The leak of the U.S. Supreme Court’s draft opinion regarding abortion in the Dobbs case caused major public controversy and political battles even before the final decision was actually rendered. Regardless of your view on abortion, try imagining yourself as a regular government worker, and not a U.S. Supreme Court Justice appointed for life: Do you think you would be able to withstand the same kind of heated political pressure, media criticism, public insults, or threats to your family that the Court endured if a mere draft of your work was prematurely exposed? Would you still feel comfortable giving your honest opinion about a work matter if you thought it could end up on the front page subjecting you to fierce criticism before the final decision is even made? If not, then please consider the following facts.
FACT #1: The federal Freedom of Information Act (FOIA) and federal court cases have long recognized the need for a government agency’s internal discussions leading up to a decision to be free from undue pressure and public ridicule, thus enabling merit-based decision-making. FOIA and the courts recognize that the candid and free exchange of ideas and opinions within and among agencies is needed to reach fully considered and merit-based decisions. They also recognize the need to protect against premature disclosure of proposed policies before they are finally formulated to avoid misleading the public and confusing the issues by dissemination of documents suggesting rationales or courses of action that are not in fact the policy ultimately adopted or the actual reasons the agency adopted it. That is why FOIA and the courts continue to recognize the “deliberative process privilege” (DPP), which protects from disclosure the drafts of records revealing tentative views, edits, and personal opinions that are predecisional and deliberative. Rather than trying to “hide” records, the DPP allows government agencies to fully consider a matter and reach a merit-based decision, for which the records of the final decision are subject to public disclosure. Under FOIA, even predecisional and deliberative materials are now subject to disclosure 25 years after the final decision is made.
FACT #2: OIP followed FOIA and the UIPA’s legislative intent for nearly 30 years in recognizing the DPP, with limitations to prevent its abuse. Since its first year of existence in 1989, the Office of Information Practices (OIP) also recognized the DPP under the Uniform Information Practices Act (UIPA), chapter 92F, HRS, Hawaii’s open record law, as a form of the UIPA’s exception for records whose disclosure would frustrate a legitimate government function. While extensively discussing the DPP and its limitations in 29 cases before December 2018, OIP allowed the records to be withheld in only 9 of those cases and actually required the records to be disclosed in whole or in part in 20 cases. See OIP’s Summary of its formal opinions regarding the DPP posted on the SCR 192 Working Group page at oip.hawaii.gov.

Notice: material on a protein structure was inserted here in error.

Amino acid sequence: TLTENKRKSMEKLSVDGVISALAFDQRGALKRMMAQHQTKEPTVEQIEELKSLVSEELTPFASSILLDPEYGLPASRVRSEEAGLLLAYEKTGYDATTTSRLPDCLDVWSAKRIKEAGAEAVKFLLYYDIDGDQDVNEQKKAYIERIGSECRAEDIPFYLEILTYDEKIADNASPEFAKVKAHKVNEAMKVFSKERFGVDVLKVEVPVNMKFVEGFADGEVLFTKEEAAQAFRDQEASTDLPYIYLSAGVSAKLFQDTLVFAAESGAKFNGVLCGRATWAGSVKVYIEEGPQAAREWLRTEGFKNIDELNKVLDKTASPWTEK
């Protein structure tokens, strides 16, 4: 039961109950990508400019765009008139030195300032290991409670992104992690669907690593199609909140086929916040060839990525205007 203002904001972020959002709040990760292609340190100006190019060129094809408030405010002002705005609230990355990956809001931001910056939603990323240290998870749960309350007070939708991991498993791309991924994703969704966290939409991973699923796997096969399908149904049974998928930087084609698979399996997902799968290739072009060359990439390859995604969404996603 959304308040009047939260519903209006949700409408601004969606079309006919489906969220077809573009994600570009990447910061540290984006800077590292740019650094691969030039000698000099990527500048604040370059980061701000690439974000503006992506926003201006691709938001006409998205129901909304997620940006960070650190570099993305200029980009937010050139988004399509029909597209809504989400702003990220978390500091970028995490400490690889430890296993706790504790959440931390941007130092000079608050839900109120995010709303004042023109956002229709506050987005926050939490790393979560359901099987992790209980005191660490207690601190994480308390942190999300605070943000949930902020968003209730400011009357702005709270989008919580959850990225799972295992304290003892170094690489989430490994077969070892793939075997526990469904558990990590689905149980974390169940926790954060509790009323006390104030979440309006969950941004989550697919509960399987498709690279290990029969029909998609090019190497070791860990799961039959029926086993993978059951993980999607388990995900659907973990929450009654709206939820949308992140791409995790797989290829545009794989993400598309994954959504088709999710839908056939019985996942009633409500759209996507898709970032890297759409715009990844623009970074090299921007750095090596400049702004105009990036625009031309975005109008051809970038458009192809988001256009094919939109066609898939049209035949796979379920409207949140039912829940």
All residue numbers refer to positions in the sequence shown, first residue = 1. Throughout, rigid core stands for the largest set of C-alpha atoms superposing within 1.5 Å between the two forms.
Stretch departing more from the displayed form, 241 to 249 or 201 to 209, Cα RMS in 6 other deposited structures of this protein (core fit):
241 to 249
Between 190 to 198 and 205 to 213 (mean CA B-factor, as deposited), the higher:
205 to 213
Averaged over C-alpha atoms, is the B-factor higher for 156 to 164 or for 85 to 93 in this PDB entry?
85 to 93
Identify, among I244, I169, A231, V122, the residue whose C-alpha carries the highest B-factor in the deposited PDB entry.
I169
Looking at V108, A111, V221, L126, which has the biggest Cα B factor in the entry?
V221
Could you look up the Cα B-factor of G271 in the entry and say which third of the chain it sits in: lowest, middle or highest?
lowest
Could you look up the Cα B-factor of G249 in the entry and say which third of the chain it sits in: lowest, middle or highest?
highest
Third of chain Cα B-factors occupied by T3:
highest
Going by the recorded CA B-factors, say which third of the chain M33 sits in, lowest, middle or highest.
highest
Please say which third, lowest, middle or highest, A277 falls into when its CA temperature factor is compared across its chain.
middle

But in December 2018, the Hawaii Supreme Court overturned OIP’s prior decisions recognizing the DPP. This was an appeal brought by the Civil Beat Law Center on behalf of Peer News doing business as Civil Beat, in which OIP was not a party and had not previously been asked to render a decision in the underlying dispute with the City and County of Honolulu. OIP has written in detail about the Court’s narrowly decided 3-2 decision in this case.
FACT #3: During the 2022 session, the Legislature asked OIP to convene a working group to recommend a new DPP statutory exception. There was and continues to be disagreement among legislators and various interested groups about whether the Peer News case was properly decided and whether the UIPA should be amended to restore some form of DPP. Seeking to resolve the issue, both the Senate and House unanimously passed Senate Concurrent Resolution (SCR) 192 during the 2022 session, asking OIP to “convene a working group to develop recommendations for a new UIPA statutory exception and other recommendations for deliberative and pre-decisional agency records to reasonably balance the public’s interest in disclosure and the agency’s ability to fully consider and make sound and informed decisions[.]”
FACT #4: Pursuant to SCR 192, a working group, including the Civil Beat Law Center, recommended legislative proposals for a new deliberative process exception (DPE) this session.
Pursuant to SCR 192, OIP convened a working group with the following members:
Judge (retired) Karl Sakamoto, Facilitator
Brian Black, Executive Director, Civil Beat Law Center
Lance Collins, Law Office of Lance D. Collins, representing Common Cause
Kalikoʻonālani Fernandes, Deputy Solicitor General, Department of the Attorney General